This past weekend, I had the great honor of sitting down with two-time Academy Award nominated actor and star of the upcoming film “Moneyball,” Brad Pitt. In the film, Pitt plays Oakland Athletics general manager Billy Beane, who used unconventional methods for evaluating baseball talent to construct a playoff team on a very limited budget. Incidentally, at approximately $47 million, the cost of making “Moneyball” was, in fact, higher than the payroll of the 2002 Athletics. So that’s something.
We talked about everything from his career, to sabermetrics, to his family life.
Eric Augenbraun: Thanks so much for taking the time out of your busy schedule, Mr. Pitt. Before we start, I just want to say I’ve seen all of your movies and I’m a big fan of your work. 2005 sticks out in my mind as the year of two great snubs: Johan Santana losing the AL Cy Young Award to Bartolo Colon and you losing the MTV Movie Award for your performance in “Troy.”
Brad Pitt: Well, thank you. That’s very kind of you. To be completely honest, I had forgotten I was nominated for anything for my role in that.
EA: You’re too modest. You gave a fantastic performance and your lack of hardware to show for it stands as a wholesale indictment of the entire award-giving process.
BP: I can’t tell if you are being ironic or if you actually mean that.
EA: Totally, deadly serious. Moving on: let’s talk about your role in the forthcoming film “Moneyball.” I’m sure you’re aware that this film is based on book that is quite popular among those who frequent this web establishment. Am I correct in being sure of that?
BP: Sure, of course I know it’s based on a book. I didn’t know it was popular at your website. What site are you from again?
EA: It’s called Fangraphs.
BP: Oh, I know Fangraphs. That’s strange though, because I don’t think I’ve ever seen your work there.
EA: Sorry, I should have been more specific. I write for NotGraphs, which is a subsidiary of Fangraphs.
EA: In any case, I think it’s interesting that you know Fangraphs because my next question was going to be whether you read “Moneyball” at any point before or during the production of the film and what you learned from the book?
BP: Yes, I first read “Moneyball” a few years after it came out. It helped me see baseball in a completely different light. In particular, I think the book’s central idea of using non-traditional stats to identify players who are undervalued by the market to construct a competitive team on a low budget is really cool.
EA: I guess one could say you are like the anti-Moneyball actor. You’re really, really good, but you come at a steep price. If you are making a movie on a limited budget, tying too much money up on Brad Pitt would not leave much budget flexibility to fill other needs. It would make more sense for you to instead find really good actors who are for whatever reason undervalued by the market who can deliver strong performances for a more reasonable price.
BP: Maybe. But the difference is that films I am in will generally turn a profit just because I am in them, regardless of the strength of my performance.
EA: I gotcha. Sort of like “Troy,” right?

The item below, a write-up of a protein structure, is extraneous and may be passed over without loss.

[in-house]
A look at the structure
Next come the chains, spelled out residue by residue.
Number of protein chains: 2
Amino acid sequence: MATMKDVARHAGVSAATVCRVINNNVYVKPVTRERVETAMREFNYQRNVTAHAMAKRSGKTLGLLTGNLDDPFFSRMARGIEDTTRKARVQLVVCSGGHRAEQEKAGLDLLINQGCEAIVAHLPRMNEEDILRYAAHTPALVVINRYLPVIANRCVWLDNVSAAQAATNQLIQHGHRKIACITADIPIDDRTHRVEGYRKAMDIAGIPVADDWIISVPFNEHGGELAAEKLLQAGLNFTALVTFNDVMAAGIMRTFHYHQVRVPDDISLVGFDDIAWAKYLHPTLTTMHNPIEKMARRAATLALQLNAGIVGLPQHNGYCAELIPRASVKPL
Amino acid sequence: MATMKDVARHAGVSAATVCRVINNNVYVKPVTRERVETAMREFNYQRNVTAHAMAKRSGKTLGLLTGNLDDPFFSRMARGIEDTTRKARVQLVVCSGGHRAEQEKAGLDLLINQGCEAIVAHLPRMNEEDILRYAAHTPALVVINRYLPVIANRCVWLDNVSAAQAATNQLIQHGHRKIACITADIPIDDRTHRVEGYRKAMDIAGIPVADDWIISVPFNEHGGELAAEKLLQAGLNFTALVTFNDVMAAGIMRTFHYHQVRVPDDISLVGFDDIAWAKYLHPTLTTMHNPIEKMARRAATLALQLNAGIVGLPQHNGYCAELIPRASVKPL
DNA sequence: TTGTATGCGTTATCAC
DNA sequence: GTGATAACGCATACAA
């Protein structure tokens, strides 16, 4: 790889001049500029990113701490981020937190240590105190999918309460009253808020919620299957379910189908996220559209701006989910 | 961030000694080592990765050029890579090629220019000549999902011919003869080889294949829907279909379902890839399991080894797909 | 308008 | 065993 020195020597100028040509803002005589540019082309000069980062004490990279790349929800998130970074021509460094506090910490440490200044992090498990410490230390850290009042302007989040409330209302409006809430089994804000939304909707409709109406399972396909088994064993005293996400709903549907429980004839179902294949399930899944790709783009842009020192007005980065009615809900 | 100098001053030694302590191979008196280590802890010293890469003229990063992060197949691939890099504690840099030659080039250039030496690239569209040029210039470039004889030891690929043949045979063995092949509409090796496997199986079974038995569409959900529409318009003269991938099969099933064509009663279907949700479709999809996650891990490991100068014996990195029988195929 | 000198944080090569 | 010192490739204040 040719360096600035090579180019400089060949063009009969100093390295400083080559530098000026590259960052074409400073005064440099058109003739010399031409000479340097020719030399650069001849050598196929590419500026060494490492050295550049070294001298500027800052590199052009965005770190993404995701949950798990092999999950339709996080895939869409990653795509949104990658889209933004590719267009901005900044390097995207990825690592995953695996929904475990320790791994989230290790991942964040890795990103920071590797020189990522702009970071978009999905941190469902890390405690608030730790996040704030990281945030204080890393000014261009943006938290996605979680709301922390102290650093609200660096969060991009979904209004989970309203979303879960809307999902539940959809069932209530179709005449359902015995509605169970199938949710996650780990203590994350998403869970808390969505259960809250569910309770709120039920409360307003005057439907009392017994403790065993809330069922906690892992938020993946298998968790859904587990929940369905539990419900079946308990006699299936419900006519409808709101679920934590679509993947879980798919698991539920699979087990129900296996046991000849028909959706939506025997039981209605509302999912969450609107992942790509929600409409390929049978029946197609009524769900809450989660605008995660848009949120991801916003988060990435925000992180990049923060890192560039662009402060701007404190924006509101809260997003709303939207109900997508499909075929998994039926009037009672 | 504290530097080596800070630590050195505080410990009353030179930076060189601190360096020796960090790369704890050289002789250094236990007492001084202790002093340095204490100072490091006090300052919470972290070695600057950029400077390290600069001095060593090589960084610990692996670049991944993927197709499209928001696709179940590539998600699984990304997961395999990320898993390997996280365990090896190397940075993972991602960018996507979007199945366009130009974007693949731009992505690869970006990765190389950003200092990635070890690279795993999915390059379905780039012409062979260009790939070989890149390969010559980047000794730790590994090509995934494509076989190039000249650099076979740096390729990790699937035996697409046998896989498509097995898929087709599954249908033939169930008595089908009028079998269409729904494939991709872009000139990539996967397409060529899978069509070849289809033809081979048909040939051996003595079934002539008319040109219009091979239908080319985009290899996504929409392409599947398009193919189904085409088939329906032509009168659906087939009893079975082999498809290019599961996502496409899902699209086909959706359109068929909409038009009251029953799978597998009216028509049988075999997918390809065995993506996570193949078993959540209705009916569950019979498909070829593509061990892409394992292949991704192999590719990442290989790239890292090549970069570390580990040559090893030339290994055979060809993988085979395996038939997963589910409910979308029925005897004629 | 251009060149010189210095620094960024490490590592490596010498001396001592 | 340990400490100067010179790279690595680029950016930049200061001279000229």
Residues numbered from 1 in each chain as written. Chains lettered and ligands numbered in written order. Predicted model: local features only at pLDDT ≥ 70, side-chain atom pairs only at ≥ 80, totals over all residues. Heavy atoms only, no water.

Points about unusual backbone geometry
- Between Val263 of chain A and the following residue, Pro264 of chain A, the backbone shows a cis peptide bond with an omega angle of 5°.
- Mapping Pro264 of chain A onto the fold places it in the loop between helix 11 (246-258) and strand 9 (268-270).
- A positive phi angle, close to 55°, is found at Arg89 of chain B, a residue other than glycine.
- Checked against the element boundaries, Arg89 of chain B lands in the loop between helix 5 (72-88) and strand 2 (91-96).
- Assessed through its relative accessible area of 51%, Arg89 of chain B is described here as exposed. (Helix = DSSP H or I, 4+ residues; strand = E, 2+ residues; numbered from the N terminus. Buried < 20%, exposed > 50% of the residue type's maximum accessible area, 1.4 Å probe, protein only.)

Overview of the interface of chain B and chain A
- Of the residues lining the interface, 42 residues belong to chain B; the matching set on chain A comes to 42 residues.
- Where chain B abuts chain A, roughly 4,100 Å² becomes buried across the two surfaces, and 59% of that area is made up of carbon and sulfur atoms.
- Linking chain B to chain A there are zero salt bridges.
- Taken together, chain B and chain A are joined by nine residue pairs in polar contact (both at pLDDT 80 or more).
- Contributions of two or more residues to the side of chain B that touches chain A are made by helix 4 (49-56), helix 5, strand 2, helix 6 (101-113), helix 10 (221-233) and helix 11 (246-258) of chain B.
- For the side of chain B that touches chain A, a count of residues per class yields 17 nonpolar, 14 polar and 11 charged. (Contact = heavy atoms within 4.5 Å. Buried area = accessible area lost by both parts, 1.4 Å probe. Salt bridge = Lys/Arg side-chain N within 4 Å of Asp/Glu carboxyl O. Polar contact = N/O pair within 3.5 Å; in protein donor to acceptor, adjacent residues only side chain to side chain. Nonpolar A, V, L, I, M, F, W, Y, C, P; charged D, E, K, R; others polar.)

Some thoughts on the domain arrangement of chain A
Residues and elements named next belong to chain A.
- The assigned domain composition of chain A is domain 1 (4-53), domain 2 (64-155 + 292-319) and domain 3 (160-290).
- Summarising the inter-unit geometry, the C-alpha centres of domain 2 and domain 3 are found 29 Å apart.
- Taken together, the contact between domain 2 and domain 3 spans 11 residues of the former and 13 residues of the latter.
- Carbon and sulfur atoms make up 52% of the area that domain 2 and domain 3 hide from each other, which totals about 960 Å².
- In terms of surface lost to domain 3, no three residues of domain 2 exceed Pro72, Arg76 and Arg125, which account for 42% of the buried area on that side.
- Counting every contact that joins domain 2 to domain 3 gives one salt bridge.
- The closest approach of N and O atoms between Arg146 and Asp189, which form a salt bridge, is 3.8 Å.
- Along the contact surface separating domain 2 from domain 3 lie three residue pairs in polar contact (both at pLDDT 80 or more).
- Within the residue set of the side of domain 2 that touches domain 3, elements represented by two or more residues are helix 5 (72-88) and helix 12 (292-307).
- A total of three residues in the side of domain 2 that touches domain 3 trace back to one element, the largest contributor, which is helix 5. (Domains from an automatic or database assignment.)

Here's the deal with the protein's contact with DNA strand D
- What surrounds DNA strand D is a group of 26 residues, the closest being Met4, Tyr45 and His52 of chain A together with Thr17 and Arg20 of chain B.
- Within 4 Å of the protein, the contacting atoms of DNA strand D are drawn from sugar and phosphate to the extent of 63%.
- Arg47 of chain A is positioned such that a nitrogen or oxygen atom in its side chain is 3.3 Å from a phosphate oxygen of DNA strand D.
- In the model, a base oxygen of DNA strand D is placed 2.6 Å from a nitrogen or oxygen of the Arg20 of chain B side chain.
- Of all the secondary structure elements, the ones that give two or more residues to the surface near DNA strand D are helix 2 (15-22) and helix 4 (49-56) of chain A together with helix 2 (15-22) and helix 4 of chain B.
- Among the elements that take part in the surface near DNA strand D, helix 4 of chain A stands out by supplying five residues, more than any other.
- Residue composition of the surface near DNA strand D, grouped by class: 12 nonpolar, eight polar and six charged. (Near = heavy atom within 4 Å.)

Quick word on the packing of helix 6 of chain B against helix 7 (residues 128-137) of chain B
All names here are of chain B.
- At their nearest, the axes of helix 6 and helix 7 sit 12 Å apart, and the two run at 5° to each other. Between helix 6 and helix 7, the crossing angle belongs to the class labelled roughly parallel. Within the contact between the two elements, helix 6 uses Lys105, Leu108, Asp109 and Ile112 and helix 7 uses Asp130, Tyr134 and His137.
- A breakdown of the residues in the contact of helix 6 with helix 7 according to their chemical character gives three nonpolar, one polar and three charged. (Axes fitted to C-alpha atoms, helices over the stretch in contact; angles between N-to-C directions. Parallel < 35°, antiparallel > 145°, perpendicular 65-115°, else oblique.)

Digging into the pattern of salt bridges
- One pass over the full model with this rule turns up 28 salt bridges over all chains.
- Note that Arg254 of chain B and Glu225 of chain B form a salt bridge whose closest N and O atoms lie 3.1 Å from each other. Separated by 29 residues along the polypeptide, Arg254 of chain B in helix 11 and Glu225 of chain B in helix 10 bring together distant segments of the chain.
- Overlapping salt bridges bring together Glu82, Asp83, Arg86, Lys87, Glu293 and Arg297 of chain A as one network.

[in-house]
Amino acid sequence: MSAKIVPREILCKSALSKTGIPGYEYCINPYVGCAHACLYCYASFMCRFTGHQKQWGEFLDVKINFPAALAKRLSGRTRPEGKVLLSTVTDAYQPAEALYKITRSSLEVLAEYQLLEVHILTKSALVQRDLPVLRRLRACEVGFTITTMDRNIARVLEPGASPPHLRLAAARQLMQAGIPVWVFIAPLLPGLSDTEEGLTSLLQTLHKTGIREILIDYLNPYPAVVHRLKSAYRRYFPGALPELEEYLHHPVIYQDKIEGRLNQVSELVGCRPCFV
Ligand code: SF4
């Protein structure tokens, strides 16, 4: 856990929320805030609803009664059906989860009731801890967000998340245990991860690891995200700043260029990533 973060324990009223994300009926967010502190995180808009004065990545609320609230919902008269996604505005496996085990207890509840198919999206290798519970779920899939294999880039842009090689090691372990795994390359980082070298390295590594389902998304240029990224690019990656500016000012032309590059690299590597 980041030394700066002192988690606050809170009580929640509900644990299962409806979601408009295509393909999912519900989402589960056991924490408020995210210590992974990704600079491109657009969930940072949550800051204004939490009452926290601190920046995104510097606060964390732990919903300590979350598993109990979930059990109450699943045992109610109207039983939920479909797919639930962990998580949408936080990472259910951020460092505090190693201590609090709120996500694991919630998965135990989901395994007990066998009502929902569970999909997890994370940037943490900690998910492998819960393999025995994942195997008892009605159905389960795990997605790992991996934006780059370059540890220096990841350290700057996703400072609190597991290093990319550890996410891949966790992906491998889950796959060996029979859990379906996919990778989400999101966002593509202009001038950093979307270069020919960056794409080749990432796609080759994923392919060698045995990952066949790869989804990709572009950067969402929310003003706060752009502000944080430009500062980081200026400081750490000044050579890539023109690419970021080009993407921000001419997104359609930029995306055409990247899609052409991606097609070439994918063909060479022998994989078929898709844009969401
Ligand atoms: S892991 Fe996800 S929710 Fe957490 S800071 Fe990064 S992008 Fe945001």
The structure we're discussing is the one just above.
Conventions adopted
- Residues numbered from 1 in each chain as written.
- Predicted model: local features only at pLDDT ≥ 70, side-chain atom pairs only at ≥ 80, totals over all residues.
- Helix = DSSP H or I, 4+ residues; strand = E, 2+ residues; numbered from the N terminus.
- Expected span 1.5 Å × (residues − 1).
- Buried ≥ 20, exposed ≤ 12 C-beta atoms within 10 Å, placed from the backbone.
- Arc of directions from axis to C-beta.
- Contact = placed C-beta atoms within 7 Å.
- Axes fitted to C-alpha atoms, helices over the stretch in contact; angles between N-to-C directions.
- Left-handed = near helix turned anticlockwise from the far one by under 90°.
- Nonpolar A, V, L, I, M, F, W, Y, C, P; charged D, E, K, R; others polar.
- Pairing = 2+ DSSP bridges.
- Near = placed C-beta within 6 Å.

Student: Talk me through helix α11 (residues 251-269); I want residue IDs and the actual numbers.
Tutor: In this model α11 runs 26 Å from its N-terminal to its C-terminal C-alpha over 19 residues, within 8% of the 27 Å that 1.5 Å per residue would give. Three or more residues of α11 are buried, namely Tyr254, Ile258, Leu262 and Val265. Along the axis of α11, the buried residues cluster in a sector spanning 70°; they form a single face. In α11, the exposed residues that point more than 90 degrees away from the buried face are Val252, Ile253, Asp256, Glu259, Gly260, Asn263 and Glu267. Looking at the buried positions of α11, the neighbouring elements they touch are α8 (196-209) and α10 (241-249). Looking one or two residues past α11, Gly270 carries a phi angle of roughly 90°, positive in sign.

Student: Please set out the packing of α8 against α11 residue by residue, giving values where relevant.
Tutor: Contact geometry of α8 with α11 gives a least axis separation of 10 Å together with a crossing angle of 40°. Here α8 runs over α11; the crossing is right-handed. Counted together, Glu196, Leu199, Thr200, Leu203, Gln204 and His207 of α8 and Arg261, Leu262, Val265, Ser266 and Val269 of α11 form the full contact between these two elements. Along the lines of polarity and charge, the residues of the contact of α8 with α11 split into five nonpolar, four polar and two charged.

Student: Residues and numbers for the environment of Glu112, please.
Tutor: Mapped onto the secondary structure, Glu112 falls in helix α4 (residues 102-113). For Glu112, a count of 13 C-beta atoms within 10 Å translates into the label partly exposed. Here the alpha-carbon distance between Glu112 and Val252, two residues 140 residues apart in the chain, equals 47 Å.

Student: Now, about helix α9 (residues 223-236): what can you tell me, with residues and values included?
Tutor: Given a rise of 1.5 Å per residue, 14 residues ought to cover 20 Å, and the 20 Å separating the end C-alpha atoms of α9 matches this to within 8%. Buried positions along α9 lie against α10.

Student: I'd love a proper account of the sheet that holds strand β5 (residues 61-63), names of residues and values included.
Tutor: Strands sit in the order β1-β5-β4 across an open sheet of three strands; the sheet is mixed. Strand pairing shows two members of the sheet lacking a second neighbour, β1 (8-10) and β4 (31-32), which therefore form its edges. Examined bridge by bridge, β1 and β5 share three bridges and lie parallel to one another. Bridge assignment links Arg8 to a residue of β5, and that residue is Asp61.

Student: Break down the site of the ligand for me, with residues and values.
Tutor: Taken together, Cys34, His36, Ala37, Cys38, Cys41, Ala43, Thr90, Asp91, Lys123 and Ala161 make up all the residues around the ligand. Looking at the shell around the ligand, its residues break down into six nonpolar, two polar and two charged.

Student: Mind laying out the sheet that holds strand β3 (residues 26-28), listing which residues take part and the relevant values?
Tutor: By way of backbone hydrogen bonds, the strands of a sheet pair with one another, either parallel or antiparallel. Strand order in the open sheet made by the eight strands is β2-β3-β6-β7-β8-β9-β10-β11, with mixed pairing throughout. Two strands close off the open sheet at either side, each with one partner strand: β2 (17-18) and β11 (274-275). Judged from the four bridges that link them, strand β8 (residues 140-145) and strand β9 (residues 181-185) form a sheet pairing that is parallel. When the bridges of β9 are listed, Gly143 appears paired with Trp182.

BP: See, there it is. I knew you were being a smartass.
EA: Aw, I’m totally kidding, buddy. I’m just breaking your balls. Just a little joke.
BP: Well, I don’t find it funny. If you do it again, this interview is over.
EA: Duly noted, Mr. Pitt. Next question: Having read Moneyball and, as you mentioned, being aware of Fangraphs, would it be right to say that you subscribe to sabermetrics?
BP: Yeah. I mean, I don’t have nearly enough time to become as much of an expert as I’d like to be, but in general I value the approach.
EA: You are pictured on the cover of this week’s Sports Illustrated next to the formula for FIP. This led me to wonder: What is your favorite ERA estimator?
BP: Again, I have to apologize, I’m really not that well-versed in some of the specifics…
EA: SIERA! An excellent choice.
Shifting gears a little bit, I wanted to talk about your family life. You and your lovely wife Angelina Jolie have amassed quite an impressive litter of children over the past few years. If you had to liken your kids to players from the Beane-era Oakland A’s who feature prominently in the book or film, who would they be?
BP: That’s a really bizarre question.
EA: I’ve actually given it a lot of thought. Maddox is Giambi because he was there before you joined the family. Zahara and Pax are clearly David Justice and Scott Hatteberg because they were cast off by their previous families and, despite being wonderful children, were in desperate need of a loving new family to take them in (plus, we all know Zahara was a sort of experiment to test your parenting skills). Finally, Shiloh, Knox, and Vivienne are the “Big Three” — Mulder, Hudson, and Zito — because they are your “home grown talent” if you catch my drift.
BP: I didn’t think it would be possible, but you actually managed to make the answer to your own question more disturbing than the question itself. Are you seriously the best person NopeGraphs, or whatever it’s called, could send to conduct this interview?
EA: I’m sorry you feel that way, Mr. Pitt. I’m just asking the questions that I think would be of interest to our readership.
BP: Can we please wrap this up?
EA: Certainly. I’ll just skip to my final question. Favorite Troy: Glaus or Tulowitzki?
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